Jewish Glory and Frustration at Games

London Olympics a Mixed Bag for Athletes

Highs and Lows: Aly Raisman’s gold medal was a high point for Jewish athletes at the Olympics. There were plenty of disappointments, too.
getty images
Highs and Lows: Aly Raisman’s gold medal was a high point for Jewish athletes at the Olympics. There were plenty of disappointments, too.

By JTA

Published August 14, 2012.
  • Print
  • Share Share
  • Single Page

The London Olympics may have “lit up the world,” as organizing committee head Sebastian Coe put it, but for Jews the 2 1/2 weeks offered healthy doses of frustration and glory.

On the plus side, new medalists such as America’s Aly Raisman gained the spotlight with her grace, which included a floor routine to “Hava Nagila” en route to a U.S. women’s team gold in gymnastics. She followed that with an individual gold for floor exercise and a bronze on the balance beam.

Meanwhile, New Zealand’s Jo Aleh brought home a gold for Kiwi fans in the women’s 470 regatta and Australian kayaker Jessica Fox won a silver medal in the slalom K1. They joined in their glory with previous medalists such as U.S. swimmer Jason Lezak, who helped his relay team win a silver in the 4x100-meter freestyle in what was likely the last of his four Olympics.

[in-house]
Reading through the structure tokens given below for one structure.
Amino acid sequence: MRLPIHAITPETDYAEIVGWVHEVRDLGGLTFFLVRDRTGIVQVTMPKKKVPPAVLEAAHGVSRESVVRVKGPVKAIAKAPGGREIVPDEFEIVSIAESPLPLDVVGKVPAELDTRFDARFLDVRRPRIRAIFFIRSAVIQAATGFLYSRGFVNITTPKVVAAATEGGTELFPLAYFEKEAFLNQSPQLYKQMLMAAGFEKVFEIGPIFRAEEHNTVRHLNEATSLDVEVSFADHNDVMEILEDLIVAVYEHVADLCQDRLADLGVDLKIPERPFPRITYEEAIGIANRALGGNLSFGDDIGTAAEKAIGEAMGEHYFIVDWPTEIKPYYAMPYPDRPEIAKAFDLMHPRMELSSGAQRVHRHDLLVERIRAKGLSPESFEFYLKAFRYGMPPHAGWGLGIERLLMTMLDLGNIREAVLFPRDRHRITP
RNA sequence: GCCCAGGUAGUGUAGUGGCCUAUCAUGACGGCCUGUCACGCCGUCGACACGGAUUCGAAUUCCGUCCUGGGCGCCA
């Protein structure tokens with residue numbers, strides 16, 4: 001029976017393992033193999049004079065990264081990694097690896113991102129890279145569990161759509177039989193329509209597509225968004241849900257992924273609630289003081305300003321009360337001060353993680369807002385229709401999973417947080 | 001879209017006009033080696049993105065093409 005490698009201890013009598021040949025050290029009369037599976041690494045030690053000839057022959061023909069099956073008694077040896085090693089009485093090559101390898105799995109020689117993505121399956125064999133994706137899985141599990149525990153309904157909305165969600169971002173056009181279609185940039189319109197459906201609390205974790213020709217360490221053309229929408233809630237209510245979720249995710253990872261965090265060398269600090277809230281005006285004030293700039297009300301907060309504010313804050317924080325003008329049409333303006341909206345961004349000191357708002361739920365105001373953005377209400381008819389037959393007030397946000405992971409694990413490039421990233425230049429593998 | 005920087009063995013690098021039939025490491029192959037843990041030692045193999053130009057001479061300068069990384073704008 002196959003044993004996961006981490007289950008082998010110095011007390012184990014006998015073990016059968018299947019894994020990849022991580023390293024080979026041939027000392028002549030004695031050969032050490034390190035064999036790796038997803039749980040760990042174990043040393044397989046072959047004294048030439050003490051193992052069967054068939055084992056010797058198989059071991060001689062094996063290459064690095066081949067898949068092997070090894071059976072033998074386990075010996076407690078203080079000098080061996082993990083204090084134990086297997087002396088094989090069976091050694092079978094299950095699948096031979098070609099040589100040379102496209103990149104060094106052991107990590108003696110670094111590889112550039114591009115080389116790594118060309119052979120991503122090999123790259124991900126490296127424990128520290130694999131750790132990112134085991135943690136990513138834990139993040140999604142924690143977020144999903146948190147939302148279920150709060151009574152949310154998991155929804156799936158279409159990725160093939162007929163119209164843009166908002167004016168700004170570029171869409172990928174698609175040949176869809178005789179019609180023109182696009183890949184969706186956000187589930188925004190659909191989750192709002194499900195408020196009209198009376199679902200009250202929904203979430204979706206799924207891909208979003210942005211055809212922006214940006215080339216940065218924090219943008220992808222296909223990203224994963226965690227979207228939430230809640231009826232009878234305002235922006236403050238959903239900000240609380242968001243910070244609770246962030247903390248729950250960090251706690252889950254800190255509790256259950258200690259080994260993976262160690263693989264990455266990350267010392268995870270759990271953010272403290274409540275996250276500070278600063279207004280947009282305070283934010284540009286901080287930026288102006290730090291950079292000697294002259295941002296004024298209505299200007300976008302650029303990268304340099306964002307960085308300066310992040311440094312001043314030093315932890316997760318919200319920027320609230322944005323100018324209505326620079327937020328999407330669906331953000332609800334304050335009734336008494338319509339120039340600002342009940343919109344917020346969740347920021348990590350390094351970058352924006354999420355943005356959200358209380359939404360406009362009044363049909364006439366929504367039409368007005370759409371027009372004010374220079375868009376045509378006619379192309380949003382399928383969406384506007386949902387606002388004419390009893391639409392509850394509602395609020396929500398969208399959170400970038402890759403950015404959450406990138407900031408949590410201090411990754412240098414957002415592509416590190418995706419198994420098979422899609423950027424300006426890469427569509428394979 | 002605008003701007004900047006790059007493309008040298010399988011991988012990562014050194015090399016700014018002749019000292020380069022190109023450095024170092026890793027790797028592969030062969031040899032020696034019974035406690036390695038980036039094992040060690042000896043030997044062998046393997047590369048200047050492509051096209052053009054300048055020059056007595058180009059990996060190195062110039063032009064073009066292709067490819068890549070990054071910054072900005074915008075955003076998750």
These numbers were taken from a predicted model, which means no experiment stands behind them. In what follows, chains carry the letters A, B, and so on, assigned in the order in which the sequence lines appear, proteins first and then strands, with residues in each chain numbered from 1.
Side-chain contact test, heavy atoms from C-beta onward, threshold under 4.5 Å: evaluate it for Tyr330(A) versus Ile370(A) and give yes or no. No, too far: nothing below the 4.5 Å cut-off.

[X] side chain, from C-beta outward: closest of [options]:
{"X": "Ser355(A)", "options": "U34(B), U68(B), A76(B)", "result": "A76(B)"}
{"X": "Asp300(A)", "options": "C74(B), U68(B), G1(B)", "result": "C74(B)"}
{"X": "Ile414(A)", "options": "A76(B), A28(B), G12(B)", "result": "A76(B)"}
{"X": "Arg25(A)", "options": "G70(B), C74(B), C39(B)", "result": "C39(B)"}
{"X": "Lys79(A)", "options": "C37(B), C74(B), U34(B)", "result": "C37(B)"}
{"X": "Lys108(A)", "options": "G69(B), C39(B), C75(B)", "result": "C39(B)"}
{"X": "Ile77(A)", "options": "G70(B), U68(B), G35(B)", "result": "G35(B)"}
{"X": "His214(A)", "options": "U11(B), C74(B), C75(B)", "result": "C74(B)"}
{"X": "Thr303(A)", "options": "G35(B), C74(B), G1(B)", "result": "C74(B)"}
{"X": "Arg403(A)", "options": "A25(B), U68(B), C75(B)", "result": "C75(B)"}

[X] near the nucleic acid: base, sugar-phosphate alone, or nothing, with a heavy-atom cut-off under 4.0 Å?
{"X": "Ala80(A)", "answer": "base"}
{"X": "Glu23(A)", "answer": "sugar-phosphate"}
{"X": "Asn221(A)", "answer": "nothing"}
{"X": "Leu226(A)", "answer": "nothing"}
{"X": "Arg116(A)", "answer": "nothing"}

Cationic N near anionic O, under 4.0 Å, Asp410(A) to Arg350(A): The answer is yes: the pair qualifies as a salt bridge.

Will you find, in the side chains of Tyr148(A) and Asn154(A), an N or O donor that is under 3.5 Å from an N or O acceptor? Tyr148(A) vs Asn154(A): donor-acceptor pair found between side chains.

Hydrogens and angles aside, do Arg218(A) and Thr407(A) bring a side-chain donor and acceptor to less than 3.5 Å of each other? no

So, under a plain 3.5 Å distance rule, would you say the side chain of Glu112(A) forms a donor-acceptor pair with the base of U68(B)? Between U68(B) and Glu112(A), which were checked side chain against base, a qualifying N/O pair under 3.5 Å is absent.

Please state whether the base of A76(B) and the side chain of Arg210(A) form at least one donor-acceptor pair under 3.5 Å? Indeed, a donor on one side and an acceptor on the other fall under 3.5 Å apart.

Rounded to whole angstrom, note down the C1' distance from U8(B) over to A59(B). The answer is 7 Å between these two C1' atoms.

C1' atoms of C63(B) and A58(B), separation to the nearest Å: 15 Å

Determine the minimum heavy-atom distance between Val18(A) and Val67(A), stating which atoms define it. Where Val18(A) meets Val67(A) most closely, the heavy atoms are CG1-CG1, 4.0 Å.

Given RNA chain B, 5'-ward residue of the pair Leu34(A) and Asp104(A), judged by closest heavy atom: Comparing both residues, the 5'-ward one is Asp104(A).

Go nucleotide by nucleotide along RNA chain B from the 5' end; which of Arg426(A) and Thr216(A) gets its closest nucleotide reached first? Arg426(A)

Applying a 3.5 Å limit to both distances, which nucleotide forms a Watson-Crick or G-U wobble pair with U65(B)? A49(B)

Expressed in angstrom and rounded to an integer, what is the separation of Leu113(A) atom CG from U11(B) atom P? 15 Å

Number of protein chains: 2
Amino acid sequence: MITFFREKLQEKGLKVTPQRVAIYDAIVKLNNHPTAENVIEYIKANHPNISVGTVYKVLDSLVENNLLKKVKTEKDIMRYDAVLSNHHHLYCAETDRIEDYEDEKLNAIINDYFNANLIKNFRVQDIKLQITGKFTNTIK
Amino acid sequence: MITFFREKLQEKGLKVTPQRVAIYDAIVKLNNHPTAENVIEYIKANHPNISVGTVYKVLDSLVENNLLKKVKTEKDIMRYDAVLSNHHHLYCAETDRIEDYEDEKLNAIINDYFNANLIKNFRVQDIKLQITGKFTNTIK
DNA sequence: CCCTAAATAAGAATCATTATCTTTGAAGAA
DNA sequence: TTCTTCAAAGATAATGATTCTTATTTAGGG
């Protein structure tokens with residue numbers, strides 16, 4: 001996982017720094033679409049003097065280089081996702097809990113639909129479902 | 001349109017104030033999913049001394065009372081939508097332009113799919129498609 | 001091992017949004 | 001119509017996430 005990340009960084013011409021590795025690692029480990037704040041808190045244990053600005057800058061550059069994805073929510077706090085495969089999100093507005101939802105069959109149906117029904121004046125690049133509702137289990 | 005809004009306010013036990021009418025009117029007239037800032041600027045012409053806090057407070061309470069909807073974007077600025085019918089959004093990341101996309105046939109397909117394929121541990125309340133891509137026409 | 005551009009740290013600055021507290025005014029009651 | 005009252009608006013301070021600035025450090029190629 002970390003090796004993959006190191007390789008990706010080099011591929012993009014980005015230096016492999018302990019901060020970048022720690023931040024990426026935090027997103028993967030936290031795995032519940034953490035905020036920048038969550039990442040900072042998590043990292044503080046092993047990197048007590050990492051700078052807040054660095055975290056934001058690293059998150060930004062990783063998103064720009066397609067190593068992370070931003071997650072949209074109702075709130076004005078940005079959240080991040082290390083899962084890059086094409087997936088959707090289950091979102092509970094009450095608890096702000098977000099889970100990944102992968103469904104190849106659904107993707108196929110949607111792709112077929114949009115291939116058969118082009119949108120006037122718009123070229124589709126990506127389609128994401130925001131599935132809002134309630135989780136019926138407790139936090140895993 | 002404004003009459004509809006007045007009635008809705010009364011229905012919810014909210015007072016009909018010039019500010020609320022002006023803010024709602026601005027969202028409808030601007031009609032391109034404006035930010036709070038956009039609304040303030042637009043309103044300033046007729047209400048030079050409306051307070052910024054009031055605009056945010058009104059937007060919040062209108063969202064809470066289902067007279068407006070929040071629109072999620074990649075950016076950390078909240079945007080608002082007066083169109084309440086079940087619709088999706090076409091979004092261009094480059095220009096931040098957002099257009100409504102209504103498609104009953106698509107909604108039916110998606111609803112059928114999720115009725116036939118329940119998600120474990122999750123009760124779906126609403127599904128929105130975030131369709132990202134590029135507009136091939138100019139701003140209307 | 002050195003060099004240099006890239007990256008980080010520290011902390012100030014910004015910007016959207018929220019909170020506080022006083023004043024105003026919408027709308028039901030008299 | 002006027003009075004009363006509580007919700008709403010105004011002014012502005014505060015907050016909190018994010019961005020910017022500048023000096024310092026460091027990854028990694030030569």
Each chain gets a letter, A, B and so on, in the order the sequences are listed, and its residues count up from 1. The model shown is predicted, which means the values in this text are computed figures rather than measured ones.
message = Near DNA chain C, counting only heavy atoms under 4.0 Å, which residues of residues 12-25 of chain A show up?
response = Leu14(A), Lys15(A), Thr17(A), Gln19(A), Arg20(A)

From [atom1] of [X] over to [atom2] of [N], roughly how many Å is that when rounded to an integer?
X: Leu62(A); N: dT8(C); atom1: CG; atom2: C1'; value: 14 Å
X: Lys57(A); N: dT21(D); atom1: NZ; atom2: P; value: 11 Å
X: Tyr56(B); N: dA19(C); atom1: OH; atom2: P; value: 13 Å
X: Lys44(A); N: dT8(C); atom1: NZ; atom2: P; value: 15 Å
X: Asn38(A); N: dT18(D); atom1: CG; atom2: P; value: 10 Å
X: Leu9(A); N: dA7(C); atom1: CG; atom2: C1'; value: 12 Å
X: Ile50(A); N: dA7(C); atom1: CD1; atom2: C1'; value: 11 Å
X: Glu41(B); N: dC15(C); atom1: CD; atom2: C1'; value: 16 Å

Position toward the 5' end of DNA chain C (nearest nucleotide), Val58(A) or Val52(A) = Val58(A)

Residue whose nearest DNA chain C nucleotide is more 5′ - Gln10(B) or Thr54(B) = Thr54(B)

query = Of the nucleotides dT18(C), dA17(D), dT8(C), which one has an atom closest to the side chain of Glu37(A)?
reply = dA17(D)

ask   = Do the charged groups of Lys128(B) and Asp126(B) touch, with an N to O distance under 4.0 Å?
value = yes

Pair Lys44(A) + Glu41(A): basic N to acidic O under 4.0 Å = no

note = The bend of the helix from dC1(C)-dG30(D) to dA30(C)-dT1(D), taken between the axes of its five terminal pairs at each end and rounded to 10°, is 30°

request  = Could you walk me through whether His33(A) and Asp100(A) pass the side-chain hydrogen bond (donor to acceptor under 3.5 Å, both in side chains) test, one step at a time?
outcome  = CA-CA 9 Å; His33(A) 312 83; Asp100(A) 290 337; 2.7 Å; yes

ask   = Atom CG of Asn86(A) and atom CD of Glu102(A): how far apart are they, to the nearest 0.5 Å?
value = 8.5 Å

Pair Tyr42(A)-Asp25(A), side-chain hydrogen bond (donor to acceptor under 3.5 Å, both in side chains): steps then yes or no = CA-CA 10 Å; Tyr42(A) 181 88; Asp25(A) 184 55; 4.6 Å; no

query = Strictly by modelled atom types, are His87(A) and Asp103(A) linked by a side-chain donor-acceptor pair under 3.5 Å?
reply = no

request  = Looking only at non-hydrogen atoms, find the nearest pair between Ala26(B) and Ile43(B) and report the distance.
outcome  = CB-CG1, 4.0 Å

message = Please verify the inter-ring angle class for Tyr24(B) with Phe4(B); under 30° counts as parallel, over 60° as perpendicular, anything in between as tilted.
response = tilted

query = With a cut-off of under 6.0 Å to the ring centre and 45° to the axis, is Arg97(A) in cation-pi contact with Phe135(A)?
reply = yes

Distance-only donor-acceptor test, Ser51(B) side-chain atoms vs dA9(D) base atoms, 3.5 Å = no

Yet the game’s opening ceremony ended hopes that the International Olympic Committee would officially recognize with a moment of silence the 11 Israeli athletes murdered 40 years ago at the Munich Games by Palestinian terrorists. An international campaign for a moment of silence had the support of President Obama and numerous other world leaders.

And Israel’s athletes – for the first time in 24 years – went home without a single medal, which has prompted conversation about the country’s lack of commitment to Olympics excellence. Israel’s rhythmic gymnastics team made it to the finals, but on Sunday it finished last among the eight teams in the all-around group competition.

Two Israeli citizens, however, are coming home with some Olympic glory. David Blatt, an American-Israeli, coached Russia’s bronze-winning men’s basketball team and Aleh will soon make a family visit to the Jewish state.

Blatt, the coach of Israel’s Maccabi Tel Aviv team, has helped rebuild the Russian national squad since being brought in as head coach in 2006, Sports Illustrated reported. He took the team to a 2007 European Championship.

He played for Princeton University from 1977 to 1981 and on the gold medal-winning U.S. team in the 1981 Maccabiah Games. Following the Maccabiah Games, Blatt played for several Israeli teams until he was injured in 1993 and took up coaching.


The Jewish Daily Forward welcomes reader comments in order to promote thoughtful discussion on issues of importance to the Jewish community. In the interest of maintaining a civil forum, The Jewish Daily Forwardrequires that all commenters be appropriately respectful toward our writers, other commenters and the subjects of the articles. Vigorous debate and reasoned critique are welcome; name-calling and personal invective are not. While we generally do not seek to edit or actively moderate comments, our spam filter prevents most links and certain key words from being posted and The Jewish Daily Forward reserves the right to remove comments for any reason.